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A student drew the following diagram upon observing a permanent slide of binary fission in Amoeba. Identify the fault in the diagram.
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Last updated date: 19th Jul 2024
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Hint: We have studied earlier that Amoeba is a unicellular protozoan that reproduces asexually through binary fission. Binary fission is a method of asexual reproduction, in which a single parent cell divides equally giving rise to two identical daughter cells capable of growing up to the size of parent cell. During binary fission the genetic material (nucleus) of the parent cell divides equally which is followed by cytokinesis.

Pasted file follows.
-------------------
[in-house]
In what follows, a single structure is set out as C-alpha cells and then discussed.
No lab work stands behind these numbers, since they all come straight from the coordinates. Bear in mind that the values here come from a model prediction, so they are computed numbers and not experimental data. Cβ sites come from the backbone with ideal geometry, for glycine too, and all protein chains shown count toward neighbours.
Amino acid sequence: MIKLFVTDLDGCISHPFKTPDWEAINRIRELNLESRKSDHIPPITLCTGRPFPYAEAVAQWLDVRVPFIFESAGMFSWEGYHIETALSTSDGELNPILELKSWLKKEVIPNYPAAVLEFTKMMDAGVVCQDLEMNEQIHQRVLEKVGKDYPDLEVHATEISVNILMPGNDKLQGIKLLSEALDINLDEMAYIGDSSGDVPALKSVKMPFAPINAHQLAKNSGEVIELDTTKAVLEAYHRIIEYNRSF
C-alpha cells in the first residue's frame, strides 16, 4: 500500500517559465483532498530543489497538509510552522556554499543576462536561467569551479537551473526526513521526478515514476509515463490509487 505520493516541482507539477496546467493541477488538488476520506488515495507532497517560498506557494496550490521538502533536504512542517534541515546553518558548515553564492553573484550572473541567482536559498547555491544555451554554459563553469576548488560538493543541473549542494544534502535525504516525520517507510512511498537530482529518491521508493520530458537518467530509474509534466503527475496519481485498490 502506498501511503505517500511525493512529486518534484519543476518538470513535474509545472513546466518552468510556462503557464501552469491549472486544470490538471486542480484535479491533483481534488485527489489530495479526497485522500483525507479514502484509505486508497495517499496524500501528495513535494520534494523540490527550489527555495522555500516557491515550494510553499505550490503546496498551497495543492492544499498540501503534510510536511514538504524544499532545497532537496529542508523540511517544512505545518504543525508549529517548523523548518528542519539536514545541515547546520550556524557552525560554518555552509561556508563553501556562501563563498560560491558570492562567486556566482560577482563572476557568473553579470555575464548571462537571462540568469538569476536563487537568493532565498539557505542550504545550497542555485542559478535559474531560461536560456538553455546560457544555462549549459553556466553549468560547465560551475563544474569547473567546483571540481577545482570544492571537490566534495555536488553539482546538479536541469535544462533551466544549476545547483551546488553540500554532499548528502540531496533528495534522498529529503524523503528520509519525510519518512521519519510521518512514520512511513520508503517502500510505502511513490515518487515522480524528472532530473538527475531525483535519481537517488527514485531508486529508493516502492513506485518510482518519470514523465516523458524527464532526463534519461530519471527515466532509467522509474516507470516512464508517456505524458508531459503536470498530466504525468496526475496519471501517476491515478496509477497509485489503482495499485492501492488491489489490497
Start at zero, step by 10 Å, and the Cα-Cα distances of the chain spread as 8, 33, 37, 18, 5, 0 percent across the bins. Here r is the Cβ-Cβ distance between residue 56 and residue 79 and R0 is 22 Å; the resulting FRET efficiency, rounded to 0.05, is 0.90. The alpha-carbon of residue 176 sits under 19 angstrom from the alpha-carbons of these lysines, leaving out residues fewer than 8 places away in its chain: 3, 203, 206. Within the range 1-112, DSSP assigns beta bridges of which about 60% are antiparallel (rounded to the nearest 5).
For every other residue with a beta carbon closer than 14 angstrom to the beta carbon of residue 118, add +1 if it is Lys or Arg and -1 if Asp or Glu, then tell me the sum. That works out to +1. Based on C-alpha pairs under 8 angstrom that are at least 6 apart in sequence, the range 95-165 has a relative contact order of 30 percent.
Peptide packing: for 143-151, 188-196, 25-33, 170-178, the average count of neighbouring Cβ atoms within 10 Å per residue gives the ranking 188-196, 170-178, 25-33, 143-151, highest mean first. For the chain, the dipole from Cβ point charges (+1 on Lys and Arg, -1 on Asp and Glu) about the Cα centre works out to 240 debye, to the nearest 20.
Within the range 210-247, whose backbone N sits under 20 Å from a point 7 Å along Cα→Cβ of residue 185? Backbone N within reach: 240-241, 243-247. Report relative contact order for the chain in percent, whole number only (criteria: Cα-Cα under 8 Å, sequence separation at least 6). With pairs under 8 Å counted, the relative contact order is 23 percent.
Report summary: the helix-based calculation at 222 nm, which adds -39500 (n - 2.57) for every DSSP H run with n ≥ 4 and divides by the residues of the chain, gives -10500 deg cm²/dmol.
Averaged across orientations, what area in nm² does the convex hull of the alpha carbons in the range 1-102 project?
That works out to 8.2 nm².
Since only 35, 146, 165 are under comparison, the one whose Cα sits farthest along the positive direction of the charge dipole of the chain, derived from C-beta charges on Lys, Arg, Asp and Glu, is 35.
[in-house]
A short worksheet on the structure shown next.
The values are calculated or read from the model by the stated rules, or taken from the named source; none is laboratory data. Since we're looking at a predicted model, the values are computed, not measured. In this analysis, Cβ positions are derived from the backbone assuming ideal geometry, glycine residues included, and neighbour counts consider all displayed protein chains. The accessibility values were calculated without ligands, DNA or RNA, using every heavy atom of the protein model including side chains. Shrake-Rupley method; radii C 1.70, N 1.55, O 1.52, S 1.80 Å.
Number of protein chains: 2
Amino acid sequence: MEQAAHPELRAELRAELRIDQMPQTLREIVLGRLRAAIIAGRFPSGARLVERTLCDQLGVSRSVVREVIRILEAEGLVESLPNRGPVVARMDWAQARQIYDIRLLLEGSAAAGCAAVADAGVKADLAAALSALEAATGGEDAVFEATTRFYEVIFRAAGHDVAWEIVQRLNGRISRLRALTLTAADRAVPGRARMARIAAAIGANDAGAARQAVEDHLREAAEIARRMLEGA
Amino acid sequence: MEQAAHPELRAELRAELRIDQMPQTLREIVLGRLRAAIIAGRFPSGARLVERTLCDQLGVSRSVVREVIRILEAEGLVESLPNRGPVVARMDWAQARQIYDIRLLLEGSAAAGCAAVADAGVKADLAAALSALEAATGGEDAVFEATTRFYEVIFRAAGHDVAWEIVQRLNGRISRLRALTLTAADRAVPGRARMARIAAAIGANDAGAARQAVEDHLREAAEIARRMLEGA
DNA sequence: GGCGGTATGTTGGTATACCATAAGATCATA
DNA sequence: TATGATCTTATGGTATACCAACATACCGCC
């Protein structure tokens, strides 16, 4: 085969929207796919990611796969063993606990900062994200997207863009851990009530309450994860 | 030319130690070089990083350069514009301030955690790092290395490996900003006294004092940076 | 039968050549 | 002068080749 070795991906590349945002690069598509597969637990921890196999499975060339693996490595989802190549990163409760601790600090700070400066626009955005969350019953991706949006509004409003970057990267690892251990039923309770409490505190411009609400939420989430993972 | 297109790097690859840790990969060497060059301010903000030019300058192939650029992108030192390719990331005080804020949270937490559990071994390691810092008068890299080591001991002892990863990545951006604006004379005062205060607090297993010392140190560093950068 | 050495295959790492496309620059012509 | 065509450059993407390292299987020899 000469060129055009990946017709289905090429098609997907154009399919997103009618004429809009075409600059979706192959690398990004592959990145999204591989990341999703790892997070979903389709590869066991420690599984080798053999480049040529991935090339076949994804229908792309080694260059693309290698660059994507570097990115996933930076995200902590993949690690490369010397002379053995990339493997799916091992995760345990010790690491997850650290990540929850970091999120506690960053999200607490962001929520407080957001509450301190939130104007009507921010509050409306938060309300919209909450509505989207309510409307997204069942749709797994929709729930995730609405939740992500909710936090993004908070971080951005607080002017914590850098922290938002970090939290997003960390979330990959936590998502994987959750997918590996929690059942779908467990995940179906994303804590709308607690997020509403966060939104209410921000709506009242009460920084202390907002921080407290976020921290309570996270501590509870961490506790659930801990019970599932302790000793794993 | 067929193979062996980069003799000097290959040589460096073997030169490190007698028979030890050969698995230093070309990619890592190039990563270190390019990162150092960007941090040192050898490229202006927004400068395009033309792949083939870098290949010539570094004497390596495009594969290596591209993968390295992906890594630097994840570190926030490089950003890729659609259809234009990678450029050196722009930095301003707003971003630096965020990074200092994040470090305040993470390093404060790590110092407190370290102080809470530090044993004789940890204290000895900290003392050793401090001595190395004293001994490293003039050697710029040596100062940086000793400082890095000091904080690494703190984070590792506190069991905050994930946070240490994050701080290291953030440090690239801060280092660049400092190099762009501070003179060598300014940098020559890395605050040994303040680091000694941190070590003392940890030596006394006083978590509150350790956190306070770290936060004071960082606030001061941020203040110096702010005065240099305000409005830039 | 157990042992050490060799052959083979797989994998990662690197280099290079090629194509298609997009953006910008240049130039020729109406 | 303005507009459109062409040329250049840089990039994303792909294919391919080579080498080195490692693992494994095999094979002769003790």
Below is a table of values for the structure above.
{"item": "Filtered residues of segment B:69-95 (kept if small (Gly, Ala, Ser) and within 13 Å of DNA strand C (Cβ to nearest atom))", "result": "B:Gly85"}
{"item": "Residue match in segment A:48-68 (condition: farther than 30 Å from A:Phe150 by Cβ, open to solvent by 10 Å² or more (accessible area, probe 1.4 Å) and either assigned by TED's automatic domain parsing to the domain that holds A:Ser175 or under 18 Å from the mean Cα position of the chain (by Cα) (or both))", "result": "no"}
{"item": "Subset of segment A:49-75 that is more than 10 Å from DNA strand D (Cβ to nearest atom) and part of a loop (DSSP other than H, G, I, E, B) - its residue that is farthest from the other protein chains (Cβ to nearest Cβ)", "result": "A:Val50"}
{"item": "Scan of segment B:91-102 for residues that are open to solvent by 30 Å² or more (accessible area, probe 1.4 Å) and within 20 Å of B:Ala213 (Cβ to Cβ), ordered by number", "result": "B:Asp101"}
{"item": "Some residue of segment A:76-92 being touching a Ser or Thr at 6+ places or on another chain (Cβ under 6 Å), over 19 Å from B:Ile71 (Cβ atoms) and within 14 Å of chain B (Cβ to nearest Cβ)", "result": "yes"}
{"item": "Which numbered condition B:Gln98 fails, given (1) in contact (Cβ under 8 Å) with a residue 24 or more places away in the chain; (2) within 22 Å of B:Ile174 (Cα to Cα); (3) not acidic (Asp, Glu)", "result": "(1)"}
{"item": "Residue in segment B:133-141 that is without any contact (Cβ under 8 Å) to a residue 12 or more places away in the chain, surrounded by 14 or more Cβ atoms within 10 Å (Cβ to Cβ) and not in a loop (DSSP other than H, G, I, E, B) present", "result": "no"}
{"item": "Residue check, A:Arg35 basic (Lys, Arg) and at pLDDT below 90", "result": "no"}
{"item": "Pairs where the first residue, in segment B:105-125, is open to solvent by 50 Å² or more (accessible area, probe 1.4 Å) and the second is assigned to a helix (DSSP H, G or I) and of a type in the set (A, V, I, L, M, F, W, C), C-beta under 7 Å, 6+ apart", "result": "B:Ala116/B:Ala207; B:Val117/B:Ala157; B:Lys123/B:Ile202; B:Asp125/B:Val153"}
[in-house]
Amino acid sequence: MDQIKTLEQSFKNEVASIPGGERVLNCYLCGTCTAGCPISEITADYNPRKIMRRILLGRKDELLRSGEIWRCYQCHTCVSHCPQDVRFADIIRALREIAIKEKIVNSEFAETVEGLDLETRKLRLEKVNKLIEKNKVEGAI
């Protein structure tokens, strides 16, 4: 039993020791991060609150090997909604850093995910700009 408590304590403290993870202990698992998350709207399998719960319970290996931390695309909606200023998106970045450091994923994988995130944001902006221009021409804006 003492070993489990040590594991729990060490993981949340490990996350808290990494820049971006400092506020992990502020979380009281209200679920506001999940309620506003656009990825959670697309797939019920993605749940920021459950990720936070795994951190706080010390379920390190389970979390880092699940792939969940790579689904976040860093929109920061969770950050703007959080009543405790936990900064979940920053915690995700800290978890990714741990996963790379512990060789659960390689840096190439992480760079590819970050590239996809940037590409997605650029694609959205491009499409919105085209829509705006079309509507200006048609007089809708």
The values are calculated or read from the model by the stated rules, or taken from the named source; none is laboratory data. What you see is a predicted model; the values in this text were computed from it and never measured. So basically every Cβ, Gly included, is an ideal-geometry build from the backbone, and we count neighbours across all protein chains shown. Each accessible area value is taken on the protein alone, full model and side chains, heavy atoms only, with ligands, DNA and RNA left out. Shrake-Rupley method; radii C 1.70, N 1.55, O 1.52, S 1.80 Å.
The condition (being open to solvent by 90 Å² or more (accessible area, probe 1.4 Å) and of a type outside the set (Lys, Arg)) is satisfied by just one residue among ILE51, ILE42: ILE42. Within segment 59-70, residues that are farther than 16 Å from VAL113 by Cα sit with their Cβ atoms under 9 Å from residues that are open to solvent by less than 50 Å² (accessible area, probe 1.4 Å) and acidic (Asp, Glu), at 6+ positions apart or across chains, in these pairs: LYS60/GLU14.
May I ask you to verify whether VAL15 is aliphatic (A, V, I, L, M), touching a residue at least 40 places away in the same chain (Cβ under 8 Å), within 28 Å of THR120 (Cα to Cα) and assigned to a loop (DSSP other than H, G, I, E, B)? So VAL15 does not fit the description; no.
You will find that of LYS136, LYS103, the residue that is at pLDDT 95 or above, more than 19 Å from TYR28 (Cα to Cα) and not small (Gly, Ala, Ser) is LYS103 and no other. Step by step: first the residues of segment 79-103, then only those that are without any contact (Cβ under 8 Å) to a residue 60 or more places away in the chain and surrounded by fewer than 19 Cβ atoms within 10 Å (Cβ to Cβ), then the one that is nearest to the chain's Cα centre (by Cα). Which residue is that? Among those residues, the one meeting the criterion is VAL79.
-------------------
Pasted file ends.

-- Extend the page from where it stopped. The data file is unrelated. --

Complete answer:
First we will discuss the steps involved in binary fission.
1. The genetic material, DNA, is compactly packed.
2. Replication of DNA, ribosomes, and plastids occurs.
3. The size of the cell increases as it prepares for dividing and the two strands of DNA move to the opposite sides.
4. New cell wall starts developing or constriction of cytoplasm occurs beginning the separation of the parent cell.
5. The cell wall is formed dividing the two daughter cells equally.
6. The two daughter cells separate as different individuals.
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Now, we can say that during binary fission in Amoeba the nucleus divides into two and moves towards opposite sides. This is followed by the constriction of cytoplasm resulting in the formation of two daughter cells (cytokinesis).
The given diagram depicts constriction of cytoplasm before replication of the nucleus, which is wrong as the cell divides only after nuclear division has taken place.

Many organisms including bacteria, Amoeba, Paramecium etc. reproduce asexually through binary fission. In this first the nucleus division takes place followed by the division of cytoplasm.